Skip to comments.Cardholders Caught In Credit 'Trap': Report
Posted on 08/11/2007 6:39:42 AM PDT by Hydroshock
WASHINGTON A "dangerous cycle of debt" is trapping too many credit-card holders, making it increasingly difficult to protect their financial security, according to a report.
About one-third of cardholders pay interest rates in excess of 20 percent, according to a report from New York-based think tank Demos. Also, borrowers with one slip-up can incur a "cascade" of penalties and end up in a "trap" of high-cost debt, the report said.
"The excuse of risk-based pricing is used to justify everything. These prices go far beyond pricing for risk. Some of these interest rates and payment fees seem to not accurately reflect the risk," said Tamara Draut, a co-author of the report.
Draut criticized practices such as card issuers retroactively applying rate increases. The authors also noted that companies can change terms at will, and that there are no legal bounds to the amount of fees and interest that borrowers can be charged.
"As a result, cardholders often borrow money under one set of conditions and end up paying it back under a different set of conditions," according to the authors.
(Excerpt) Read more at foxnews.com ...
It wouldn’t be hard for you to justify getting money by any means for self defined “valid reasons.” Stealing from credit card companies, even though they “suck” is still stealing. Who will you steal from next? If you take money that you can’t afford to pay back isn’t it stealing?
“What if I need to borrow money to buy or fix a car to get to a job?”
Many of us have been there at one time or another in our lives. Here’s a serious answer:
Before you get a credit card, read all of the fine print. Don’t accept credit from a company that is going to raise the rates or levy huge penalties for late payments.
Once you have done that, figure out how much you are going to have to borrow on the card and if you are going to be able to pay it back. If the answer is no, try one or more of these:
1. Find another way to get to work.
2. Get help from family or friends, telling them the truth about the likelihood that they will get paid back in a timely fashion.
3. Find a different job, closer to home.
Then: Sit down and track every dollar you spend. Cable tv? Fast food? Ipod? Computer? Entertainment? Concerts? Magazines? Newspapers? Dump everything you don’t absolutely need for survival until you are living within your means.
Finally, once you are living within your means, get out there and increase your means! It’s a long process with ups and downs.
In any case, borrowing money when you won’t be able to pay it back will only make things worse.
Muslims are really big on the Old Testament. I think you’d like it.
So are Jews, a raced with a very laudable history of financial and academic success.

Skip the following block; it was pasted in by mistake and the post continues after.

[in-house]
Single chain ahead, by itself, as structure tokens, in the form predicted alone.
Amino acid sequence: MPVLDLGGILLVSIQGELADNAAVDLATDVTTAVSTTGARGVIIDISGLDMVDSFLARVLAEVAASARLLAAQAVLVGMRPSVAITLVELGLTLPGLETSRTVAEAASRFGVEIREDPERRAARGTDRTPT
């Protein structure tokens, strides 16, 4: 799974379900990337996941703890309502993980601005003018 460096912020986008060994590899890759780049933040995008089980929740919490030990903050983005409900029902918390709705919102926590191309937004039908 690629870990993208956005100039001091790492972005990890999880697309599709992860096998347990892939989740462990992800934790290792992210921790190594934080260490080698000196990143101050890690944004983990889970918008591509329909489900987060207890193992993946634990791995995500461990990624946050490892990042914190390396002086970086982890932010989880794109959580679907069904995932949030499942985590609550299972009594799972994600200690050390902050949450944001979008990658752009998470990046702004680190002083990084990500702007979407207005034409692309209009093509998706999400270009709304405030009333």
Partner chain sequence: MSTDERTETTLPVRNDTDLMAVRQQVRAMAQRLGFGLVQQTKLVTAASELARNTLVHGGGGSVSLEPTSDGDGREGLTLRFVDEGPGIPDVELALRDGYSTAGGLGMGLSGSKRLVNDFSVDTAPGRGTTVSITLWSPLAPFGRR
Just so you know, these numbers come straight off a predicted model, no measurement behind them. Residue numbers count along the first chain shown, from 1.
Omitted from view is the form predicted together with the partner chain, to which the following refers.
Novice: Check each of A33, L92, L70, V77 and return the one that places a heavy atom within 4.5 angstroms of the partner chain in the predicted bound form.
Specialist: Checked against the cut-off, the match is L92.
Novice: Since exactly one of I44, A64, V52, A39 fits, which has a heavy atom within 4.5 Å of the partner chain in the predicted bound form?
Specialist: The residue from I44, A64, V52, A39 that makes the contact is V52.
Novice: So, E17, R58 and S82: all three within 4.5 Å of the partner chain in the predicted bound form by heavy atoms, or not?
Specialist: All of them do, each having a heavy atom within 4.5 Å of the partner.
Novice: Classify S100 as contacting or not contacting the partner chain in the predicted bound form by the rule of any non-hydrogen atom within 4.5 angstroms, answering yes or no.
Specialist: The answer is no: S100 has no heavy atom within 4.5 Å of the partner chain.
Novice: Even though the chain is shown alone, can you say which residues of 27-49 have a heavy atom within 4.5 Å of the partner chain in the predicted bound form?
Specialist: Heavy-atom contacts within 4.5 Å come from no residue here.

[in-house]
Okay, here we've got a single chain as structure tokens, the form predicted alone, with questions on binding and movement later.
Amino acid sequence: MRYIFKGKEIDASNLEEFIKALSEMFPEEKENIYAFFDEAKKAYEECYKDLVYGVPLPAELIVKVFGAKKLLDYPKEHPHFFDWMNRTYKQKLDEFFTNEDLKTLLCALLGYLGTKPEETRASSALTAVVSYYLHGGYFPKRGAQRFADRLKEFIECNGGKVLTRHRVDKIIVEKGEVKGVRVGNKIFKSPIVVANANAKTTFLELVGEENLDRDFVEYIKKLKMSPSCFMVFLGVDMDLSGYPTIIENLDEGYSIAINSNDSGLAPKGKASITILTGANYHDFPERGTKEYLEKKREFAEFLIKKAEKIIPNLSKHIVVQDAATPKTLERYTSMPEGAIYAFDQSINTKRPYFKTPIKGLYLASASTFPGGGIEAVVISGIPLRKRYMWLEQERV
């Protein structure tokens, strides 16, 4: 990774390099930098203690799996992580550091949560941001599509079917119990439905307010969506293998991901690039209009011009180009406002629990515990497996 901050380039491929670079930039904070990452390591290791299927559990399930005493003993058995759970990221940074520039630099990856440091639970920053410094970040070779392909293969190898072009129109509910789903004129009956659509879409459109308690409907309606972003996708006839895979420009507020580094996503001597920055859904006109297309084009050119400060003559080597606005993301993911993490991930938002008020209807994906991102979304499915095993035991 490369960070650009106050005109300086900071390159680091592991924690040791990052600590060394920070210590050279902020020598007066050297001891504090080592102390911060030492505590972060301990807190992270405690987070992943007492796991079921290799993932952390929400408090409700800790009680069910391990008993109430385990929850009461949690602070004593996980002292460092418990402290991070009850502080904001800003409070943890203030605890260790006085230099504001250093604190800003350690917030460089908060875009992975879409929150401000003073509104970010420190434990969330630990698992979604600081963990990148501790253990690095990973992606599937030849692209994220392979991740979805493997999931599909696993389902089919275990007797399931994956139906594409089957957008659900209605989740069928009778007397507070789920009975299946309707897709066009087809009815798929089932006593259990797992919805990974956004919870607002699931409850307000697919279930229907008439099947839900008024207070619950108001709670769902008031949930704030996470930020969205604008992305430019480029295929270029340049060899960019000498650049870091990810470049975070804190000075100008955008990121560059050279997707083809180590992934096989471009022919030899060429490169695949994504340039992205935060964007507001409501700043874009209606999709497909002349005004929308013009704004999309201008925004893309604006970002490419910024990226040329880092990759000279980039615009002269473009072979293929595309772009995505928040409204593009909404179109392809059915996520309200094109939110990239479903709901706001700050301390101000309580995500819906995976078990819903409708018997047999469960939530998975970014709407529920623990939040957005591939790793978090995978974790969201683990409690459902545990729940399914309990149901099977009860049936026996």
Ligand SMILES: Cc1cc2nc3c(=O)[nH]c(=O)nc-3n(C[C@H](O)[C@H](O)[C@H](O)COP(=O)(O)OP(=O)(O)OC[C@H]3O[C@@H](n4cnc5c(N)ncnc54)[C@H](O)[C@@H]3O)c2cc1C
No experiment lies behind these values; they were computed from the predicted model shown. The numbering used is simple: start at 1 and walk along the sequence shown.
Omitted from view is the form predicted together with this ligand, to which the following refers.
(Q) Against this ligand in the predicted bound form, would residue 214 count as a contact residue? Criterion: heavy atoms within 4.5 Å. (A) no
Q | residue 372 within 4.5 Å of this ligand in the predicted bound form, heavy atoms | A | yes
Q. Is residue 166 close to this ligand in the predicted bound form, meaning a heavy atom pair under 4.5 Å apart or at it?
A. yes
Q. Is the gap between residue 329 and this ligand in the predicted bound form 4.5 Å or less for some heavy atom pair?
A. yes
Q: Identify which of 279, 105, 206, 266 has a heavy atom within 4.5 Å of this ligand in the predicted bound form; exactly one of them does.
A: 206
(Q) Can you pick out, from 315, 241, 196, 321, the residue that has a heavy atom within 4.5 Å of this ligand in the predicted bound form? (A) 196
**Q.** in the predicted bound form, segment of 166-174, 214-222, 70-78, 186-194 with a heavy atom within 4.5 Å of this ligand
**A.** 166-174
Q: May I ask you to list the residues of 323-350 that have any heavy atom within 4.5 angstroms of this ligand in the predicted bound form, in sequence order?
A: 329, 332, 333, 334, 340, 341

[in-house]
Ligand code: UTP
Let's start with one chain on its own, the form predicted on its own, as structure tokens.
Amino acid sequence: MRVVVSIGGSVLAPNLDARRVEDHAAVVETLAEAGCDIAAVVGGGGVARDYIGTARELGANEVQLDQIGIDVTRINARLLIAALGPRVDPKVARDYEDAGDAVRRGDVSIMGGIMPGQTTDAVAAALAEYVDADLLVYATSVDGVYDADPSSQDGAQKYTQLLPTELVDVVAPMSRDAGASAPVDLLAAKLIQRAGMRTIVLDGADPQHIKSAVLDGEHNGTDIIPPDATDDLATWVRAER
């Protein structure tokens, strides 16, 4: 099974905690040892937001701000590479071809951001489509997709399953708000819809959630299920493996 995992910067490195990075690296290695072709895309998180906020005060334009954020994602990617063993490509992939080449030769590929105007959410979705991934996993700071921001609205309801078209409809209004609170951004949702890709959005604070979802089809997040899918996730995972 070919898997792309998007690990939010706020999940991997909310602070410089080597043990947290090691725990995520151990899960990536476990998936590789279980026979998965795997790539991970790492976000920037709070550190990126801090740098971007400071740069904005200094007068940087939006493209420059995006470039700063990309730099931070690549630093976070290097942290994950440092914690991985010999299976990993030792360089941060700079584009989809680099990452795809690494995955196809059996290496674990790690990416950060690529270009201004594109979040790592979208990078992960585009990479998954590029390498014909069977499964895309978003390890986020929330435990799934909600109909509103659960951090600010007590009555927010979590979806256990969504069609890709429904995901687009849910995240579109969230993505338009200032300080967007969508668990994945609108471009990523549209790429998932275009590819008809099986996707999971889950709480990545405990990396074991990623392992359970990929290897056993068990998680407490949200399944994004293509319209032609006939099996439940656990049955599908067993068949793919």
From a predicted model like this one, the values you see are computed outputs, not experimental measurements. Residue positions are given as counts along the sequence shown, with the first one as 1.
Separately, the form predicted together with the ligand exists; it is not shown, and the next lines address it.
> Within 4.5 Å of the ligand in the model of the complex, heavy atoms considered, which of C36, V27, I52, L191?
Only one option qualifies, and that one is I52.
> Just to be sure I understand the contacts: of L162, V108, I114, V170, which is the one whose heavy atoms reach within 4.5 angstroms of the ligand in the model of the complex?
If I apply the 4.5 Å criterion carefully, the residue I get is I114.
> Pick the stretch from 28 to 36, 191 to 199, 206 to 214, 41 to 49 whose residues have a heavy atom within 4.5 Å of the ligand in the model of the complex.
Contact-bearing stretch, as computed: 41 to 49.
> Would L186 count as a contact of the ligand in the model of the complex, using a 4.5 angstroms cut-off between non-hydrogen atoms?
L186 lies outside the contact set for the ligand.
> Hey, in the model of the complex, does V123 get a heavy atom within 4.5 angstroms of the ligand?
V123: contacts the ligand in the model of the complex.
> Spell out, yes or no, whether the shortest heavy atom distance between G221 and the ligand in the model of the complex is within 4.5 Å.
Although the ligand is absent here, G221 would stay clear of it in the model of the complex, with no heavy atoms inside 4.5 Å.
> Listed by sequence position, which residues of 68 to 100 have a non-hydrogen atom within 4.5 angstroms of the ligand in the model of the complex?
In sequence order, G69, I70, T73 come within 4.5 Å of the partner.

They've had a lot of financial success because they are famous for lending money.
Until you have been mugged. Then you will be glad you carry plastic and no more than forty bucks in cash in your wallet.
Bankruptcy is listed in the top five life-altering negative events that we can go through. Chapter 7 bankruptcy, which is total bankruptcy, stays on your credit report for 10 years. Chapter 13 bankruptcy, more like a payment plan, stays on your credit report for seven years.
Bankruptcy, however, is for life. Loan applications and many job applications ask if you have ever filed for bankruptcy. Ever. A common misconception is that you can use credit repair services to fix the damage from filing bankruptcy. If you lie to get a loan because your bankruptcy is very old, technically you have committed criminal fraud.
Debt is a trap that so many including myself have fallen into I learned I cannot be who God wants me to be while I was in debt.
Freedom is greater than I ever knew it could be!!
Yeah, and learn to live a mediocre life with no investments... no thank you.
I to fell into the trap, but am well on my way of clawing myself out.
If you can borrow money at 5% and earn 10% on it on Wall Street, you aren't a slave. You're just smart.
Me too. I tried my best to explain to the then wife YOU DON’T BUY MONEY.
Most people are in debt after a divorce. I paid off my house in two years afterwards with no other debts.
I have a house in my name, two elderly vehicles that run to my satisfaction, a stationwagon and van. I was thinking of buying a kayak for my river trips but since the service provides the transportation, I figured I would just go ahead and pay the little extra money to rent the kayak. They can handle transporting to the river and it’s possible damage. I have my son’s old mountain bike. He wanted to replace it but I don’t see the need. It’s not like bikes don’t get scarred up anyway if they’re used to their full extent.
The ex-wife? Broke and living in an apartment on a nurse’s salary.
Until the market goes down, there are no sure winners or losers.
If you consider your credit card debt an investment how are you going to cash in?
If you “have to” use plastic, I suggest a debit card. I use them for travel and the occasional convenience of ordering something over the Internet or phone. Other than that, I use cash.
You seem to know a lot of people who support your narrow view of the world.
Donald Trump declared bankruptcy and he’s doing alright. Many corporations declare bankruptcy, and afterwards do very well. It’s not an ideal solution, but it works for many people.
Your income is your greatest wealth-building tool, not debt.
The debit card stays in the vault. It’s not taken out except for buying things on the internet that are impossible to buy locally. Most purchases like that are done through the mail with a money order.